There’s no need for any of this. And then I went to the engine room, which overlooked the hefty class II reactor through a window. And just look at the state of that window.
You just know the crew cleaned that window regularly, but it still somehow got like that within a day or two. I’d love to see more of the ‘lived in’ look in time, perhaps even ships with custom layouts the crew have bolted on while living out in deep space. Unlikely crew quarters, a disused cargo bay converted to a games room. These ships are made with love, and I want to see more of them.
2) The pink and black scanner mode
I don’t make extensive use of the scanner. I consistently use it to check for hazards before cutting, but not for its main use of mapping out the ship. I like to see all that first hand. To touch it, even. But that doesn’t mean I don’t sometimes switch the scanner on just to enjoy a change of scenery.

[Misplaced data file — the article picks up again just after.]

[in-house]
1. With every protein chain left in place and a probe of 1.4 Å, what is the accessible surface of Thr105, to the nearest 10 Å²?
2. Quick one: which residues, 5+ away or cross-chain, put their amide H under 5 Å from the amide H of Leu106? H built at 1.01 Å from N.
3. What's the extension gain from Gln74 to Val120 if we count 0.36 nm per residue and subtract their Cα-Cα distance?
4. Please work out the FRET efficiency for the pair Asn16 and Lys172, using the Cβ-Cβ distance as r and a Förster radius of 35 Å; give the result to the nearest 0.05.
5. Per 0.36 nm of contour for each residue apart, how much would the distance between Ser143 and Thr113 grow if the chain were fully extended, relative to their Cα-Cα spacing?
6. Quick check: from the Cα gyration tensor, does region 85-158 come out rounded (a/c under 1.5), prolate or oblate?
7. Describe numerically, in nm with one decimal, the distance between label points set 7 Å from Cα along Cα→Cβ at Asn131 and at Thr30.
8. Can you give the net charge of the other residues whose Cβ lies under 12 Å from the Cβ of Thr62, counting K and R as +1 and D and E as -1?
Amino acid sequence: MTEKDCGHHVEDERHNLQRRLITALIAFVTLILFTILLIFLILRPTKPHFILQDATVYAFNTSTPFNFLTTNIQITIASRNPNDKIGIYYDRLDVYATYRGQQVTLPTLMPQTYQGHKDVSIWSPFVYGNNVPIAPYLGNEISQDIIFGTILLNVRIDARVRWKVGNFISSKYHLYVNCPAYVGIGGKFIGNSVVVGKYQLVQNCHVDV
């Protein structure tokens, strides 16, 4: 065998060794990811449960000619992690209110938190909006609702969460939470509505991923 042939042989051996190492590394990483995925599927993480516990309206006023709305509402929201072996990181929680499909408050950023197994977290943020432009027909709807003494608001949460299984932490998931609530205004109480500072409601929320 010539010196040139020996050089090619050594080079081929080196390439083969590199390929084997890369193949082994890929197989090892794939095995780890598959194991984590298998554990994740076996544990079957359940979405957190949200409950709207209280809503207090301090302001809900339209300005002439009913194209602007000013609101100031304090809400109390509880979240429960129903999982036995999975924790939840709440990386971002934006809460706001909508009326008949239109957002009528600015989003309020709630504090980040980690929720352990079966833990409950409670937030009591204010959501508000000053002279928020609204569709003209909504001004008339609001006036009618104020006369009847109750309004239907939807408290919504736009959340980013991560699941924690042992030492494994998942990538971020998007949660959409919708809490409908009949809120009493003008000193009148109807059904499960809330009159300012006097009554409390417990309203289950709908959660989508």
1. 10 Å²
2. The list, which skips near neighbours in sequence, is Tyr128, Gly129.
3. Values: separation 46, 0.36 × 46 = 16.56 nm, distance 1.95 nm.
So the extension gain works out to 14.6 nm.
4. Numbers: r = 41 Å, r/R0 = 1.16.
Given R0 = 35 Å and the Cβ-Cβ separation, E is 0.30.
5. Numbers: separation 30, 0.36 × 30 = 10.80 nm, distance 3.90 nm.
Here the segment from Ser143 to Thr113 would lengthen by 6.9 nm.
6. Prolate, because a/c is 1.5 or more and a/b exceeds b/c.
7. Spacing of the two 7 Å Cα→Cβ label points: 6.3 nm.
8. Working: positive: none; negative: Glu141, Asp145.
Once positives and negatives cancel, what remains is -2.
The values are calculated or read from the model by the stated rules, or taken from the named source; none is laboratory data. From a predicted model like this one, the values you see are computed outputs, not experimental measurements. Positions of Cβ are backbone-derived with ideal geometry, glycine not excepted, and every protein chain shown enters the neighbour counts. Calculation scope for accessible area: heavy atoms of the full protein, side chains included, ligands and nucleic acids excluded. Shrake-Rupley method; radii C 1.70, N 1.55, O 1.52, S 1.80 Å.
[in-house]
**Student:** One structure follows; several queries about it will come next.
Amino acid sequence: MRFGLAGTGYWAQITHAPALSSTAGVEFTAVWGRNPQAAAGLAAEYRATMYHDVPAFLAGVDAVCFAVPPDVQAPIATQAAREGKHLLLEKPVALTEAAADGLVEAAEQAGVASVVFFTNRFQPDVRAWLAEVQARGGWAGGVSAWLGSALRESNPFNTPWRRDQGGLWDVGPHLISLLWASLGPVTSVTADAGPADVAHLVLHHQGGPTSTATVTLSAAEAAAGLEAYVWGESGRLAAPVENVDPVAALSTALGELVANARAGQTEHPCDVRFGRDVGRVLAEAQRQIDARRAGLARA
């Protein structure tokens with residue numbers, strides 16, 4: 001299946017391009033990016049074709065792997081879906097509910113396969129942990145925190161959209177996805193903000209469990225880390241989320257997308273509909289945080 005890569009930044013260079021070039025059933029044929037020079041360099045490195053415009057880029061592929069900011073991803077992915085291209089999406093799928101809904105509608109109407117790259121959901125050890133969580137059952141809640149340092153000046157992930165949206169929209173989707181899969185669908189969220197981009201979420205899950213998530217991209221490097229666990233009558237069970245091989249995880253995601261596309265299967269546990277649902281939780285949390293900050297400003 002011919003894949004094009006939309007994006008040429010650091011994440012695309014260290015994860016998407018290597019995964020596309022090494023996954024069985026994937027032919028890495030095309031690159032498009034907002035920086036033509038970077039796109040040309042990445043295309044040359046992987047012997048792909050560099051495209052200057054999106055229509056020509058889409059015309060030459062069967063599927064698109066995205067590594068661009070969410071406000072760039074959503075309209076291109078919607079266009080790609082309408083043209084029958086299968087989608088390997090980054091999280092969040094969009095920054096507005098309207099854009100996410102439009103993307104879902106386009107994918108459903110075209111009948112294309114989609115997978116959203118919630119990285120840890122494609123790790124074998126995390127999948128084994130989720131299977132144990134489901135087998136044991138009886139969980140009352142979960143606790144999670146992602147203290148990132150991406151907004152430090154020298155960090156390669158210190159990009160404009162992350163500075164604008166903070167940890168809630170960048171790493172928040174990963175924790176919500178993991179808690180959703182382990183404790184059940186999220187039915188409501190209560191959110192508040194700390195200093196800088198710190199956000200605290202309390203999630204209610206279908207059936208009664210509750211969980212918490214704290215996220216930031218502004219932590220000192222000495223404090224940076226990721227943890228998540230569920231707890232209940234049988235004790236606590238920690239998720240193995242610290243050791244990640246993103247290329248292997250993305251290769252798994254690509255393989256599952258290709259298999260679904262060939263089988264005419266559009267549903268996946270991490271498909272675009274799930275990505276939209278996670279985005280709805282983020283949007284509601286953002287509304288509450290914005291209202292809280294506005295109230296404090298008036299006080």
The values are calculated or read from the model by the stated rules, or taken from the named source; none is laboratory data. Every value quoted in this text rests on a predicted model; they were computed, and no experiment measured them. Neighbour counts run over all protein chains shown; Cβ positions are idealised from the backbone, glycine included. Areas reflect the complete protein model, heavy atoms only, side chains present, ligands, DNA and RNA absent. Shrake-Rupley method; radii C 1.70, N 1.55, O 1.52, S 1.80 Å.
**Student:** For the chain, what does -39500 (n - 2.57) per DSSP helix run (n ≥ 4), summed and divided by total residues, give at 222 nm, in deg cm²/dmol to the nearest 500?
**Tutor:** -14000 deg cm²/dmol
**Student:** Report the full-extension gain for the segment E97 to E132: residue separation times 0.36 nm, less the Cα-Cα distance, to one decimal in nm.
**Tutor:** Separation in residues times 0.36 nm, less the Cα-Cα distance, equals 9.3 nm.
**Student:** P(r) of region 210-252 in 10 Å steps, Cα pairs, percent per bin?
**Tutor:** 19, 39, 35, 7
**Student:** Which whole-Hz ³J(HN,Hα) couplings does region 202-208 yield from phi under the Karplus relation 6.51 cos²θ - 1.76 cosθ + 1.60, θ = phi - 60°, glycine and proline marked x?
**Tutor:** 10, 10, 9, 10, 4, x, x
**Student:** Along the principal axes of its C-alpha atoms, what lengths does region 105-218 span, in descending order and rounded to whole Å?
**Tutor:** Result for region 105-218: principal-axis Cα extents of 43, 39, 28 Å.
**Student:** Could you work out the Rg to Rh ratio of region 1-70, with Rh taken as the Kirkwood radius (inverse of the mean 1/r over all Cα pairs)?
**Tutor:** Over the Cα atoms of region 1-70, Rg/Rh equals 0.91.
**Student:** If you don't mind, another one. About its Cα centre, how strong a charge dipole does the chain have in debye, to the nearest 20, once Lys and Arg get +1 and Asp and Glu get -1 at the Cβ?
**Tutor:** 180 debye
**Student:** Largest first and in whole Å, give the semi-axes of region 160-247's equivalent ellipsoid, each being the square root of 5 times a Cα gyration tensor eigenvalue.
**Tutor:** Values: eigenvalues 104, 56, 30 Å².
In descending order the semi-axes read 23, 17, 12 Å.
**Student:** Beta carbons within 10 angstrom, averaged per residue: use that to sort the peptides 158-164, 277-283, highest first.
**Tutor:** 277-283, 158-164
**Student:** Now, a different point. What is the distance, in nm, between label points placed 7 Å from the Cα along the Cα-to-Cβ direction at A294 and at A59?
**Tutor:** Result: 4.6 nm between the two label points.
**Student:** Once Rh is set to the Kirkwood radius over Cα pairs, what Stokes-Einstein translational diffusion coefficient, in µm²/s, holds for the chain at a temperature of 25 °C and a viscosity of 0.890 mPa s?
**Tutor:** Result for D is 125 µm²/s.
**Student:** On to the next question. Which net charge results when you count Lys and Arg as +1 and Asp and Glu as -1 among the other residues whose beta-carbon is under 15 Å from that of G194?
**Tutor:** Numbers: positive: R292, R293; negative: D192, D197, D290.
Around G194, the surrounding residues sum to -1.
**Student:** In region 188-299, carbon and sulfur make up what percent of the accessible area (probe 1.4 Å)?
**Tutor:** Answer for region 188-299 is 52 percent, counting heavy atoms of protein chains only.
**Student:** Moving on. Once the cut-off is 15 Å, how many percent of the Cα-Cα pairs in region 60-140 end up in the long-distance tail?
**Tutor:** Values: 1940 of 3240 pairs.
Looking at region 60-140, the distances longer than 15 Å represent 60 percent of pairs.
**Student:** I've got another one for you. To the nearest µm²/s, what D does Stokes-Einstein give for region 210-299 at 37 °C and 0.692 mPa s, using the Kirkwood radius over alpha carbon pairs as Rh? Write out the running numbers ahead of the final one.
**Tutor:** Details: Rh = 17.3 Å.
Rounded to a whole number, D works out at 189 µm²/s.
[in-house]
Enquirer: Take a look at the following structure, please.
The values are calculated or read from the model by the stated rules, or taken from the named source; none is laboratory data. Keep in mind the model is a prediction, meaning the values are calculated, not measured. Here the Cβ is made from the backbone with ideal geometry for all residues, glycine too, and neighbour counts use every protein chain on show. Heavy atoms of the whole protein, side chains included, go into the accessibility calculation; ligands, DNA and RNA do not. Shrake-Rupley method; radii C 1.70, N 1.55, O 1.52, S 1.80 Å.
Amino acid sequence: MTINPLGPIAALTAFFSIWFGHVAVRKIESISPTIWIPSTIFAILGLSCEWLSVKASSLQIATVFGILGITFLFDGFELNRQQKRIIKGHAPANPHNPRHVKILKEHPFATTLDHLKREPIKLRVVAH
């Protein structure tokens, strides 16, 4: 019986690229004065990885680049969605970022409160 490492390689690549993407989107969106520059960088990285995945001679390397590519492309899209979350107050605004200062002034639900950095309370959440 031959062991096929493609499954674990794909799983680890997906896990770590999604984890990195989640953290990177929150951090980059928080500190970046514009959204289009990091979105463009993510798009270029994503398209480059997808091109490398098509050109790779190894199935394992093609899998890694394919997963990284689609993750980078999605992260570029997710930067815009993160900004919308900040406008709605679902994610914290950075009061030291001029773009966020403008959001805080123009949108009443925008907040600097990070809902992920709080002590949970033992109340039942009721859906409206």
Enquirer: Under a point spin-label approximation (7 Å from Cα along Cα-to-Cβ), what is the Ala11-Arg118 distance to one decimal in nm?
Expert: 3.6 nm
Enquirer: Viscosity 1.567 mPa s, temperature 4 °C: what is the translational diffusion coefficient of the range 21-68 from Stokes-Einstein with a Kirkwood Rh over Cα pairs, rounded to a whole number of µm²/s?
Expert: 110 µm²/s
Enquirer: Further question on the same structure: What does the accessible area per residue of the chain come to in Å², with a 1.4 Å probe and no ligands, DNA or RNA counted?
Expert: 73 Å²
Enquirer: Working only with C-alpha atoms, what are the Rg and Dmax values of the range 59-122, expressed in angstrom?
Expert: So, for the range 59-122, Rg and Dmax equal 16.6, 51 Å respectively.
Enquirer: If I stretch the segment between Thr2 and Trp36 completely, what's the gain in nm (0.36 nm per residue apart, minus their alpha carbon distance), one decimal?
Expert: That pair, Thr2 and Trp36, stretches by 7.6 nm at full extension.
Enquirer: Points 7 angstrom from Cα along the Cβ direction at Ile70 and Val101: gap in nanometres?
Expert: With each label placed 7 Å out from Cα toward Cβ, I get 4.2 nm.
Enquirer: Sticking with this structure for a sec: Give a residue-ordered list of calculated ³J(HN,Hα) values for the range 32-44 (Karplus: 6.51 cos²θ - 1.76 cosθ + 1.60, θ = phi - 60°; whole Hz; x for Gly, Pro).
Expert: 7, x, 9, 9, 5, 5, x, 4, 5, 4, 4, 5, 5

As you play Hardspace Colon Shipbreaker, you earn points for completing work orders. These are spent on upgrading your tools, or even buying your own equipment to save on long term rental. The scanner starts with one basic mode, which highlights the structural girders and joints of a vessel in orange, and different hull materials in blues. Strictly speaking this is all you need, since hazards like pipes and engines are visible through walls here too. But upgrading your scanner offers more vision modes. One highlights equipment like batteries and engines, another more niche electrical items. There might even be more; I’ve not unlocked everything yet.